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Warren Buffett: It’s the people, Stupid

Warren Buffett

 

Money is important, but not the most important thing.

Source: Inc.

Warren Buffett

In a 1998 lecture to University of Florida MBA students, business magnate Warren Buffett, CEO of Berkshire Hathaway, fielded a host of questions on investments and valuations before a thoughtful student asked, “What would you do to live a happier life if you could live over again?” According to the Oracle of Omaha, “The way to do it is to play out the game and do something you enjoy all your life and be associated with people you like. I work only with people I like.

 

Nick’s take

This article quoting Warren Buffett has an extremely high ratio of wisdom to words:

  • “I work only with people I like” (See also Never work with jerks.)
  • “you will move in the direction of the people that you associate with”
  • “associate with people who are better than yourself”
  • “you’re the average of the five people you spend the most time with”
  • “not having close friends is just as bad for your health as smoking”
  • “if you’re still putting up with people you don’t like just for a paycheck, it’s time to make a change”

What’s your take?

Do you agree? Do you walk Buffett’s talk? Or is this easier said than done?

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3 Comments
  1. I am looking for a new job or to start my own business. I have a mentor who is helping me with the steps for entrepreneurship. My current boss is a jerk. I had a so-so performance review today. My previous boss, the guy who hired me and is now a colleague of mine, always rated me more highly. So no, I don’t want to spend so much time working for this same guy. On the other hand, now that I know more about how he thinks, I have some goals to work on.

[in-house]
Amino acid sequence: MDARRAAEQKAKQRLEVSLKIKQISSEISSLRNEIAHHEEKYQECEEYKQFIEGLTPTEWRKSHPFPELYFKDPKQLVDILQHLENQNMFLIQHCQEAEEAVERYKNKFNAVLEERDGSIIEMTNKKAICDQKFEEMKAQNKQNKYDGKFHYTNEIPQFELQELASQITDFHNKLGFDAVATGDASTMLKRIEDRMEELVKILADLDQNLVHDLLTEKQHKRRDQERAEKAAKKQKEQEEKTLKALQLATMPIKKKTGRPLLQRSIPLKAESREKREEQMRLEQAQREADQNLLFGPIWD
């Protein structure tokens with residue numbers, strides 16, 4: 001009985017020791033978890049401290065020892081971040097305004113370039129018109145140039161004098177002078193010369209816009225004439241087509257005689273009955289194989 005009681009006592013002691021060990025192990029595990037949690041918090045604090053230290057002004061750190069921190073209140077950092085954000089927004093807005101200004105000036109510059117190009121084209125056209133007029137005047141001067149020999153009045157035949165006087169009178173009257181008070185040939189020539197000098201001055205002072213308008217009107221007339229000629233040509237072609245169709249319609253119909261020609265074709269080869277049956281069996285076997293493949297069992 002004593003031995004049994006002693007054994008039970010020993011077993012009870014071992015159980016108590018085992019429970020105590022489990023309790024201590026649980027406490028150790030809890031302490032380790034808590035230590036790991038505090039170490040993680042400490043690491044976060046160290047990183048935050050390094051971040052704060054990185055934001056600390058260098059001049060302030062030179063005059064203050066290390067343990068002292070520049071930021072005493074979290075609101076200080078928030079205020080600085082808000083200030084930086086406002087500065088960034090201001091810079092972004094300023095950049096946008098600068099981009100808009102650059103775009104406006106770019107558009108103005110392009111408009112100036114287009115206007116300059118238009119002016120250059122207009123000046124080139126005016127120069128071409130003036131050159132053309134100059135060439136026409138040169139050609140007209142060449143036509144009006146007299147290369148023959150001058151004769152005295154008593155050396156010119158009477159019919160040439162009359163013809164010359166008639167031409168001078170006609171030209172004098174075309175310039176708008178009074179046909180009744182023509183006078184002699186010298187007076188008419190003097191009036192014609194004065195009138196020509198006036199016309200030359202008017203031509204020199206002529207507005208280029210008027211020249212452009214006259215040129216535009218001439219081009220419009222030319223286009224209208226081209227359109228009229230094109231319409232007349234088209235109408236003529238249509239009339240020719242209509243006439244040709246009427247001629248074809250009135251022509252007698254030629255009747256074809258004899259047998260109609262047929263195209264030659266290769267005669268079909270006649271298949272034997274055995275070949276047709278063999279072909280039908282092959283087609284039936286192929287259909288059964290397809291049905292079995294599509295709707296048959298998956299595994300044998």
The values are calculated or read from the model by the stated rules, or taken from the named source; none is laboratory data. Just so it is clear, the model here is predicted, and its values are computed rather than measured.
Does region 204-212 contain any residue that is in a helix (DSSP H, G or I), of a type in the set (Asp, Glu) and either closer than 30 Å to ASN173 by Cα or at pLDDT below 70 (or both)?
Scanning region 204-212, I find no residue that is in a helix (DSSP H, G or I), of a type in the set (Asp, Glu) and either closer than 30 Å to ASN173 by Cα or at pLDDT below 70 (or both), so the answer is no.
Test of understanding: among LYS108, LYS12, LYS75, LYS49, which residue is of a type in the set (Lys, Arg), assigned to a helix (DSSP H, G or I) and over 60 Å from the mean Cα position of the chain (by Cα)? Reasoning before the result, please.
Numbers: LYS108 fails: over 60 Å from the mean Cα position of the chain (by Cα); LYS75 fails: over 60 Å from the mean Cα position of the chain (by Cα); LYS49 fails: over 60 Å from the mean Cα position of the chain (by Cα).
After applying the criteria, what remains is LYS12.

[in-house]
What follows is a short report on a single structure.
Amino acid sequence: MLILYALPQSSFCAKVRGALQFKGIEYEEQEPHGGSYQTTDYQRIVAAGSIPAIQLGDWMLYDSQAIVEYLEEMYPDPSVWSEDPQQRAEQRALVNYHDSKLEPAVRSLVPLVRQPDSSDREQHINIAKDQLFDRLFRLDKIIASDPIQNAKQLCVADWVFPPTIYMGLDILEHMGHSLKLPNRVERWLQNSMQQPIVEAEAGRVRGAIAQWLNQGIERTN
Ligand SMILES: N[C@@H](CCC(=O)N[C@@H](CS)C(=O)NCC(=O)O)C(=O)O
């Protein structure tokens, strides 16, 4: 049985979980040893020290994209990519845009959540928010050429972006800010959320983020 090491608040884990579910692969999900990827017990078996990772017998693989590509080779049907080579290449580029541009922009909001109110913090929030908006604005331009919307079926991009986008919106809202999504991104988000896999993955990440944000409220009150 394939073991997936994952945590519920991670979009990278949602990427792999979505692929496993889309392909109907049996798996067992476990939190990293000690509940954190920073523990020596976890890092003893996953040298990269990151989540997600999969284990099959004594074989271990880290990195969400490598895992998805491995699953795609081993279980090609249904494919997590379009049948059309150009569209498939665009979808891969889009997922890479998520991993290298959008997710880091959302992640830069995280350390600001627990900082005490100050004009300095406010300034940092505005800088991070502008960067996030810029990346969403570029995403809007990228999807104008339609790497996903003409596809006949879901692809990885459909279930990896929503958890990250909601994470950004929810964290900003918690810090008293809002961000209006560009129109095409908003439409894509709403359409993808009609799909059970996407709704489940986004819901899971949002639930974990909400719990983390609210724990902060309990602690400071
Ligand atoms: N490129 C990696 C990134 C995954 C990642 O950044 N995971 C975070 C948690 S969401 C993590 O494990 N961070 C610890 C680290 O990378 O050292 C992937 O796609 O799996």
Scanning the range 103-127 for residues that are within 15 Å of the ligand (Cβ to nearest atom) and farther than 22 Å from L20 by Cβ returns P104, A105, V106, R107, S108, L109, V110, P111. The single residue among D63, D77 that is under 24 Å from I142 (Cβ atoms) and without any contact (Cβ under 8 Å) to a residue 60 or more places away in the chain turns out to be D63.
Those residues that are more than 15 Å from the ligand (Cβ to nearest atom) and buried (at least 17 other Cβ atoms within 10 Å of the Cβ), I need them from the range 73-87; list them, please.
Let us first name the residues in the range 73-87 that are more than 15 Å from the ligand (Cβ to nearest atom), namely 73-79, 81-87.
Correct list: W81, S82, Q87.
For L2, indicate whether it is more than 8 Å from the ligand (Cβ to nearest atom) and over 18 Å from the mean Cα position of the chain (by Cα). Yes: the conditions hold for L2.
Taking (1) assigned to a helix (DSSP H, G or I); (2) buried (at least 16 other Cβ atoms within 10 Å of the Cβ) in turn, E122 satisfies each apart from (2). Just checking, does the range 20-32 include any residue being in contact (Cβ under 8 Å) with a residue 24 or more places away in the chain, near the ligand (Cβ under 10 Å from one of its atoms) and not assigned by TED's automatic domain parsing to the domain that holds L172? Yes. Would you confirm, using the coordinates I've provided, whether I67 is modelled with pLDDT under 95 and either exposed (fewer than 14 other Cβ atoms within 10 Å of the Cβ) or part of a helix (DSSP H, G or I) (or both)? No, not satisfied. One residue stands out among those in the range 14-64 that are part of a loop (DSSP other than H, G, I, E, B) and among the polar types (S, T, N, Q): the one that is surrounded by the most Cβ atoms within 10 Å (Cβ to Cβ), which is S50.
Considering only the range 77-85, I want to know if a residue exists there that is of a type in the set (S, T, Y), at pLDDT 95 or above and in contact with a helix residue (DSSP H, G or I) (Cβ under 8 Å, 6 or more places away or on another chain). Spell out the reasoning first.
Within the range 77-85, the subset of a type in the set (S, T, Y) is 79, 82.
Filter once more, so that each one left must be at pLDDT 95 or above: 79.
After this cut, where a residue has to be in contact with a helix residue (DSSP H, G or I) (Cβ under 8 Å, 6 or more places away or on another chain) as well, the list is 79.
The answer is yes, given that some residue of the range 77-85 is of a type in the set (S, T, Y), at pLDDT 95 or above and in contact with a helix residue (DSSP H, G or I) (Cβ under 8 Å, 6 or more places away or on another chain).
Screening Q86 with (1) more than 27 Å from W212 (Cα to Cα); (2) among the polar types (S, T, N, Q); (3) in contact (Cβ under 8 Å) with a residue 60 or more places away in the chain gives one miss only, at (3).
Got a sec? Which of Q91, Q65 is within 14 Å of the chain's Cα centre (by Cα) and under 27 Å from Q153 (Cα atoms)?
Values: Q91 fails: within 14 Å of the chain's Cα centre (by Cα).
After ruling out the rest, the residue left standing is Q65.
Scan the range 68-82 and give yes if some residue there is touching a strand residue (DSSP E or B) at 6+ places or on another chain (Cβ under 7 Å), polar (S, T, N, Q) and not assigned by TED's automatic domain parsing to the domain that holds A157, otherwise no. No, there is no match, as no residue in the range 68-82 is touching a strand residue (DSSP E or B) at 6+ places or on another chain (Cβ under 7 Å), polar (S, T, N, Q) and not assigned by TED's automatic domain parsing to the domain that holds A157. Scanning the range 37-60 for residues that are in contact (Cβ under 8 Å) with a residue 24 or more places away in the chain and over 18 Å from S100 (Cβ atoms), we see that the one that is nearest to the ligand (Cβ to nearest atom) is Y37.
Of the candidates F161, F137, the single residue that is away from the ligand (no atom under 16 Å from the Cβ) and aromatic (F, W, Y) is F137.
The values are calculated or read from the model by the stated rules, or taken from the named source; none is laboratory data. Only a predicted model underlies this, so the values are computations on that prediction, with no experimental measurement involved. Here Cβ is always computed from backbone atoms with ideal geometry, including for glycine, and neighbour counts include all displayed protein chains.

• Mr. Kevin, good point on knowing more how a boss thinks, and working on some personal goals (I assume working with said boss’s style, and going along to get along until you can exit). This is something I wish I would have wrapped around my thick head long ago. Would and could have saved me a lot of grief, and possibly prevented, or at least slowed down, things not ending well. Like you, I’m currently in a discreet and clandestine job search. This time, I’m being “selective”. The Indeed.com, recruiters, and blindly sending out cold call resumes has proven yet again to be futile and a time waster. I have taken the editor’s advice (this coming from a man with a very dim view of headhunters, mind you), and a good friend and former colleague’s advice, and have targeted some select employers. I’m currently beginning discreet dialogue now with a top customer of my current employer. I told them their stellar reputation, and high integrity, impressed me the past 7 years I’ve dealt with them. It was 100% sincere. I also did them a solid by helping the owner’s grandson get an entry-level job after he’d been searching for 1 year post-college graduation. The owner, and his son, told me they in turn like me, my skills they’ve seen, and trust me that I have their backs, while they are not so confident with my employer. It may or may not come to fruition, but I’ve learned the hard way to trust my gut, and to not work with, or work for jerks. Problem is, we don’t always have the luxury of being so selective. Good luck with your job search and/or business venture.

  2. Sometimes, you end up in an environment where most people follow a lousy boss to the path of ruin. You try to make the case of making it better for the company, not for your ego or personality, but then, it doesn’t get anywhere.

    This particular time is where I say to myself, “Get educated outside of the company and network with people of similar values.” I list in “Summary of qualifications” as “… as a revenue growth contributor for companies via output within a timeline.”

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